Saturday, March 6, 2010

Links to Electronic Editions of Frankenstein/Keyword Searching and Critical Approaches

 On-line text of Frankenstein/searching using keywords/additional critical approaches and definitions/contexts
Here is the URL for the online Gutenberg text of Frankenstein. Cut and paste it into your browser, and try doing a search, if you think it might help you move more quickly to the chapters/passages that you think will be most helpful to you.

As I mentioned to a couple of students--try using the specific keywords that relate to the approach you are using. For example, try "dream" and "sleep" if you are using a psychoanalytic approach and writing about Victor's unconscious state--try using "glory" if you want to do a comparison/contrast of Walton and Victor, etc. 

Project Gutenberg E-Text of Frankenstein

Also, below is the University of Pennsylvania's Electronic Edition of Frankenstein. Of particular value to you are the "Table of Chapters" and the "Contents." If you click on one of the chapters in "Table of Chapters," you will see that the text has links to clearer explanations of terms, along with more contexts. If you click on "Contents," you will see a variety of materials that are available to you. Some are unavailable, but in terms of providing some overall background, this is a good site.
Within the "Contents," you will see a link titled "Critical Approaches." Click on that link.
If you are using a Marxist approach, click on "Materialist" to see if that is helpful.
If you are focusing on Mary Shelley, take a look at the "Biographical" approach.
Likewise, click on "Gender" or "Psychological" or whatever.
If you are using a Historicist approach, you might find value in examining some of the early reviews of the novel.

I would caution you, however, that you should use this site primarily for help in understanding some of the contexts of Frankenstein. You are to do your own writing--do not depend on this site for YOUR critical analysis--I want to know what YOU are
thinking in relation to your chosen theme.

A word about "plagiarism": Do NOT do it! You should cite your sources properly and make sure that you use quotes. Do not depend solely on your sources for analysis-write your own analysis and try to find a source that supports it. In addition, you may find an article that contradicts your own findings--argue with that source! Feel free to disagree, but find textual support in Frankenstein for your own ideas.

Finally, although this paper is a research project, you should be having fun! Frankenstein is a joy to read and analyze--I have truly enjoyed the class's critical discourse--both sections are providing rich and thoughtful commentary!

All best,

Prof. Williams

P.S. Feel free to email me your questions; however, if you want me to take a look at anything, please send it to me by SUNDAY evening at 9:00 pm if you want an email response--otherwise, bring your drafts and questions in and we will discuss them on Tuesday!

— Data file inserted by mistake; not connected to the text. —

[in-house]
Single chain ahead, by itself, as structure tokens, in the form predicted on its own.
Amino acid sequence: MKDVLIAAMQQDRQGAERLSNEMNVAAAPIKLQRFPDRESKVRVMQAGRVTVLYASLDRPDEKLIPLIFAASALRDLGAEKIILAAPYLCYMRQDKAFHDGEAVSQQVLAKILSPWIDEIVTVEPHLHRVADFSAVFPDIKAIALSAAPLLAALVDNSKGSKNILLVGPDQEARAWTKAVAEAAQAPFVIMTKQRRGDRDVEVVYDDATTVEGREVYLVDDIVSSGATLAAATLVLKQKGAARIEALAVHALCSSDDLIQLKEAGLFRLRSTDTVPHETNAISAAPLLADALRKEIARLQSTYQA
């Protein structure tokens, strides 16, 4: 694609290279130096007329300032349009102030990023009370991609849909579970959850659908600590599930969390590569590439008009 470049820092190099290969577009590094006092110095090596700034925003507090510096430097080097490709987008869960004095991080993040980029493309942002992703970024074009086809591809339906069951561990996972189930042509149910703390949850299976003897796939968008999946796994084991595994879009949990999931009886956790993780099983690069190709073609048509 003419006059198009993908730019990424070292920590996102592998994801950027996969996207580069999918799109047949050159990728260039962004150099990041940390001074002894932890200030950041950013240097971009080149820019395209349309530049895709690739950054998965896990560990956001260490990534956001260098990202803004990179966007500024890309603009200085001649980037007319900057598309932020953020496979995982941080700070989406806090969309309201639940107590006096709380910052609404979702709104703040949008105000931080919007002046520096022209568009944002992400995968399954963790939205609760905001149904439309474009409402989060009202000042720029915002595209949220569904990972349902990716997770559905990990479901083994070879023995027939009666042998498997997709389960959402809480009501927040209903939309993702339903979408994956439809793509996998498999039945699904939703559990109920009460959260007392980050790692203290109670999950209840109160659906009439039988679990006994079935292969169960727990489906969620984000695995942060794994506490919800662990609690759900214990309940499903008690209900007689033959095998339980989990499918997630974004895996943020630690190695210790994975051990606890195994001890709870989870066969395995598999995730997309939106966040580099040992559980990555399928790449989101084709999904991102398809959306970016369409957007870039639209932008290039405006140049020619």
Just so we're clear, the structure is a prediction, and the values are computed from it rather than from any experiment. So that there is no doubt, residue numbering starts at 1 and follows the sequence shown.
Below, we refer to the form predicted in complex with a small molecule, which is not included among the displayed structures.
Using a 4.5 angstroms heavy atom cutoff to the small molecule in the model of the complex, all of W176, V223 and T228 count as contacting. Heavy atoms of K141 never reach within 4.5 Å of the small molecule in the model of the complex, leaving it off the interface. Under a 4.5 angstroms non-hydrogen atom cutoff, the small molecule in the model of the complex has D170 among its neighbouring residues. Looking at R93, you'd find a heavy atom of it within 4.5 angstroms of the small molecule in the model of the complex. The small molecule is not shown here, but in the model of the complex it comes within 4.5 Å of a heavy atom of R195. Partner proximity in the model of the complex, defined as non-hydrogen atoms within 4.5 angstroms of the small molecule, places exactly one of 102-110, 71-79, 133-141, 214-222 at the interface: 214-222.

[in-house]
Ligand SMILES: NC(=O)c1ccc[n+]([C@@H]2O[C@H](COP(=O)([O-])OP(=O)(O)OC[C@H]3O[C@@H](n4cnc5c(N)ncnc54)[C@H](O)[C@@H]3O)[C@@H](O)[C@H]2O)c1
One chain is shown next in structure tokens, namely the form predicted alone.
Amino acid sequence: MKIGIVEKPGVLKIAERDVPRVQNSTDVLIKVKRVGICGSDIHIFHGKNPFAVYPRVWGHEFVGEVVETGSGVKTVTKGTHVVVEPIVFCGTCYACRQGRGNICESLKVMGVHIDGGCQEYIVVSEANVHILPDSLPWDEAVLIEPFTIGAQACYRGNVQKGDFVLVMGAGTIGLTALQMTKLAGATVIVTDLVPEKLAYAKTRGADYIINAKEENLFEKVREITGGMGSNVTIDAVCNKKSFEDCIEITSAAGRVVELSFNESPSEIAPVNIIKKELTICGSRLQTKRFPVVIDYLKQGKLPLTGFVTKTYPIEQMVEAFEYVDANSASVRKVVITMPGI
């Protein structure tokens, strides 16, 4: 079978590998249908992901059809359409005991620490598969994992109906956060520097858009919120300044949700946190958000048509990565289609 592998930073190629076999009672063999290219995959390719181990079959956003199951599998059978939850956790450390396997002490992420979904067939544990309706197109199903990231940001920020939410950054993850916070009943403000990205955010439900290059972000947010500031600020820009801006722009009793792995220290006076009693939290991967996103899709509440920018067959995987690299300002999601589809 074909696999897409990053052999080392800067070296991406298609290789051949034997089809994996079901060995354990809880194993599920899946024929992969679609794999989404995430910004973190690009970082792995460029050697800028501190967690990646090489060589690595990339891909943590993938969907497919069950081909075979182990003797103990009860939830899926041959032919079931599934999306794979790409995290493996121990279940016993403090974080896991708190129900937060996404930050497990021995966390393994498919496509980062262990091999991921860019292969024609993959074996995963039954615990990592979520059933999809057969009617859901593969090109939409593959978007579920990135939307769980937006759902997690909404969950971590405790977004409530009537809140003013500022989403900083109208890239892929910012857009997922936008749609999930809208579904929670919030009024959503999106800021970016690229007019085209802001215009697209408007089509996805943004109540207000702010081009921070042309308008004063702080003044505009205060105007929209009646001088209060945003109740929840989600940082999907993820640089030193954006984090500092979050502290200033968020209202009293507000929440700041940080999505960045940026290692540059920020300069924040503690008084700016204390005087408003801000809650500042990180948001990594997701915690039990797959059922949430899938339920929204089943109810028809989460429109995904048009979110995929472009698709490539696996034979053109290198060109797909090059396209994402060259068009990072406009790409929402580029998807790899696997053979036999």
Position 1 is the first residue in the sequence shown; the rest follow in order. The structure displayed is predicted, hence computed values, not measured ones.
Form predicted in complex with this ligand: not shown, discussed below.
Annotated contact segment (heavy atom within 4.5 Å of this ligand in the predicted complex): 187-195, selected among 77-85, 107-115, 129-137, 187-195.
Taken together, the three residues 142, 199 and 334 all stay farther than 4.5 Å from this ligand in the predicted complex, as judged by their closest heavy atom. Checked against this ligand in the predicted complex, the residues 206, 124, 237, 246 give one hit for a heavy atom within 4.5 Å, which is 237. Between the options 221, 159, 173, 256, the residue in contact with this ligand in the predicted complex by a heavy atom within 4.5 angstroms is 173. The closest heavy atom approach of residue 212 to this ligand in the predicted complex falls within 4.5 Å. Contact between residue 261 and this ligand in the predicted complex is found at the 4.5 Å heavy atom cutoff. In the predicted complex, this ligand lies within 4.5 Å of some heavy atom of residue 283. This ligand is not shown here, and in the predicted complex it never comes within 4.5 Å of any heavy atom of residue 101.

1 comment:

rvice said...

due to the Electricity, chicago was seen as an enchanted country. back then, electricity was a priority in the operation of chicago due to its beauty. in the other hand, electricity was prove to be a lethal weapon for the execution of criminals. the electric chair was one of the most older devices display in chicago, and it was known as "death chair." the first execution by electric chair occur in New York. electrocution was a very controversial topic back then. some agree that electrocution was a humane method of execution, others view electricity as a dangerous, and poorly understood technology. William Kemmlet execution was use as an experiment in order to prove a resurrecting machine built by scientist. the execution was disastrous, the bad placement of the device into the criminal produce a double execution. the first charge prove to be nonfatal, it produce a tremendous pain and convolutions on the criminal, but the second charge produce his death; his head was seriously burned. the execution left a big impression on the public. kemmlet's execution become international media event. it was seen as the first incomplete death, and prove that this method of execution needed improvements. nearly a decade the exact cause of kemmlet's death remain unsolved. it wasn't until 1899, the year after Crane's novella was published, when scientist discover that kemmlet's death was cause by a heart stoppage. kemmlet represented another source of crane's Henry johnson, and one who likes him to the technological advancements of the 1890s. Crane's novella the monster, exhibits a fascination with electricity and urban spectacle. in Crane's whilomville, it is electricity that represented and allowed the representation of the urban- industrial future to take place. Crane introduces a big description of the electricity in the town, thereby showing the town is transformation. despite of the different social classes in the town, the lights of the town allowed crowds to gather together. the crowd fixate themselves as part of an electrically produce, modern crowd, rather than themselves as individuals. Electric lights temporarily turns small town places into urban spaces. in crane's novella, electricity allows the transformation of Whilomville from a provincial small town to a vivid city.